An innovative study, with authors from EuroMarine member organisation Centre for Environmental and Marine Studies (CESAM) of the University of Aveiro (UA), has been published in the renowned magazine Proceedings of the National Academy of Sciences (PNAS).
The paper describes how the authors compiled and analyzed a database of scientific peer-reviewed publications over a period of 50 y (1965 to 2015) relevant to capacity-building in global marine natural product discovery. Their use of publication and authorship metrics to assess how the capacity to become scientifically proficient, prolific, and independent has changed in bioprospecting countries provides essential data for decision makers by quantifying, on a global scale, the impact of the last 50 years of scientific training on discoveries of natural products of marine origin. This information is at the heart of the issues covered by the Nagoya Protocol, and this study therefore acts as a stepping-stone toward evidence-based capacity building for bioprospecting as originally envisioned in the framework of high-level international fora that produced such legislation.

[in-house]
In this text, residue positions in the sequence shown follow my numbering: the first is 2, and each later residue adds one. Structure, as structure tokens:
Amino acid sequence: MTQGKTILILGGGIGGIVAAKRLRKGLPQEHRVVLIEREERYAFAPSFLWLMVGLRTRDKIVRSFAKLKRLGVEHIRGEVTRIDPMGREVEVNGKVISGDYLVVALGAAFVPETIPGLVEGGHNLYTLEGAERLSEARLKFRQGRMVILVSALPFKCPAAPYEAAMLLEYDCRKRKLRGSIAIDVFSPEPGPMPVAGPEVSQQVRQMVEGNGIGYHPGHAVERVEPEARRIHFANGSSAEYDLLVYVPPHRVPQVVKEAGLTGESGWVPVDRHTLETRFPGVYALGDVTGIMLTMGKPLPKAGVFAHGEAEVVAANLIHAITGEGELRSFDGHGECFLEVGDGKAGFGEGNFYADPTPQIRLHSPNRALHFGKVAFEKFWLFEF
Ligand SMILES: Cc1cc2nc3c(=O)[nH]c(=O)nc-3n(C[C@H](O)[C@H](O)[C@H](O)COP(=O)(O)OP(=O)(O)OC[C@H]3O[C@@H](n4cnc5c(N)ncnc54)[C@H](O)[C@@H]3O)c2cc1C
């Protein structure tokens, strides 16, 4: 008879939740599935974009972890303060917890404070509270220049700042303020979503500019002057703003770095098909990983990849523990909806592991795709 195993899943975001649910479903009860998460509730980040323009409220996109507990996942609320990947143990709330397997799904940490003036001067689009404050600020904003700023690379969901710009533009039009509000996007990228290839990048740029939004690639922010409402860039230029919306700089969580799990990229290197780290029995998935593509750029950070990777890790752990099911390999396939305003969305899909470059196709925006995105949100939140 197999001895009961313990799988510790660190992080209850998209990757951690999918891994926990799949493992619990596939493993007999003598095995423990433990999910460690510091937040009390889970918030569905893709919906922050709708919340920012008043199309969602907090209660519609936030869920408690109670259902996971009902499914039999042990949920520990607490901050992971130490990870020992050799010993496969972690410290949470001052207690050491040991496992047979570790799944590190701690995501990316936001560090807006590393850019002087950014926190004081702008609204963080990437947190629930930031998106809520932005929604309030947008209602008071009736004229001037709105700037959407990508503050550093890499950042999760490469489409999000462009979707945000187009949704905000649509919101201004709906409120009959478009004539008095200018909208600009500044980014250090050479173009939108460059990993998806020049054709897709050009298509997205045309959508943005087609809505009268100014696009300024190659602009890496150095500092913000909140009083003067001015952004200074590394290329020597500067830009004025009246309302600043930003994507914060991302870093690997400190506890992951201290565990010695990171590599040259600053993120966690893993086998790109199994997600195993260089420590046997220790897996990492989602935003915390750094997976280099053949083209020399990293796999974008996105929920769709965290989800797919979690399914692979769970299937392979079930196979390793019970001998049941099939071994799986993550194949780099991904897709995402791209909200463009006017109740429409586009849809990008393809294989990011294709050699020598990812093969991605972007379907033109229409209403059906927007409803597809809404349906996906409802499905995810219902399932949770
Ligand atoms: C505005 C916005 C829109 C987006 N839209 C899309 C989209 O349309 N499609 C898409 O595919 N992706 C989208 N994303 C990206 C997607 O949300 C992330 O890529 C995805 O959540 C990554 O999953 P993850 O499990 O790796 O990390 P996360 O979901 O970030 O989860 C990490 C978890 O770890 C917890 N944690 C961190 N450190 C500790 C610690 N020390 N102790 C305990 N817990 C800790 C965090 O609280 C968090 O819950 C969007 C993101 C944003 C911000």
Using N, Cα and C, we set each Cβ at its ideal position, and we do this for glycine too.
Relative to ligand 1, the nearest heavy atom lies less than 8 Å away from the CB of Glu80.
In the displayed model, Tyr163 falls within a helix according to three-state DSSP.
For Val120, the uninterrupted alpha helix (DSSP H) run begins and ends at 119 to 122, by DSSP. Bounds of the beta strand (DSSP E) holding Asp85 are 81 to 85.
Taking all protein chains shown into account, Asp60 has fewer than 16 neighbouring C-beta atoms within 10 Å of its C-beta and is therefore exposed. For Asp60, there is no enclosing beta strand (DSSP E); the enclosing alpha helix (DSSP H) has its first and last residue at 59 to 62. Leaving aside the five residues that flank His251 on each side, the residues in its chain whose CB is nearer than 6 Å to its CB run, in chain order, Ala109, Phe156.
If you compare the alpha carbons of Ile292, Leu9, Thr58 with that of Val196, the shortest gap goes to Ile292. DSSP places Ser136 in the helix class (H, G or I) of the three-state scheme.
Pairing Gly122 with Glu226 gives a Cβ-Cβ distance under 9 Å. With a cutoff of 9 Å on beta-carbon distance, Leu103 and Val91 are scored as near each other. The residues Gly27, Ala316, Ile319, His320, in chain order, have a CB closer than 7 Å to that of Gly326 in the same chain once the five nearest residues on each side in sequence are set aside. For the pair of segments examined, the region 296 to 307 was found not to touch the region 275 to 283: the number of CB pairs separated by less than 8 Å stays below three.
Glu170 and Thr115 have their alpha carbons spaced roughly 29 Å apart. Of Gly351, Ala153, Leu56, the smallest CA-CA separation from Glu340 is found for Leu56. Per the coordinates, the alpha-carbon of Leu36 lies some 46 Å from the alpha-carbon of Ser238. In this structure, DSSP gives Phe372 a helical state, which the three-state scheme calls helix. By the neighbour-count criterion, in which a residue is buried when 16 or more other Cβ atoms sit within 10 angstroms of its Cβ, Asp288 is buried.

Since the article provides measurable data comparable across countries around the world, it is expected that these results may influence high-level international political negotiations that currently take place on access and benefit sharing associated with the exploitation of biological resources.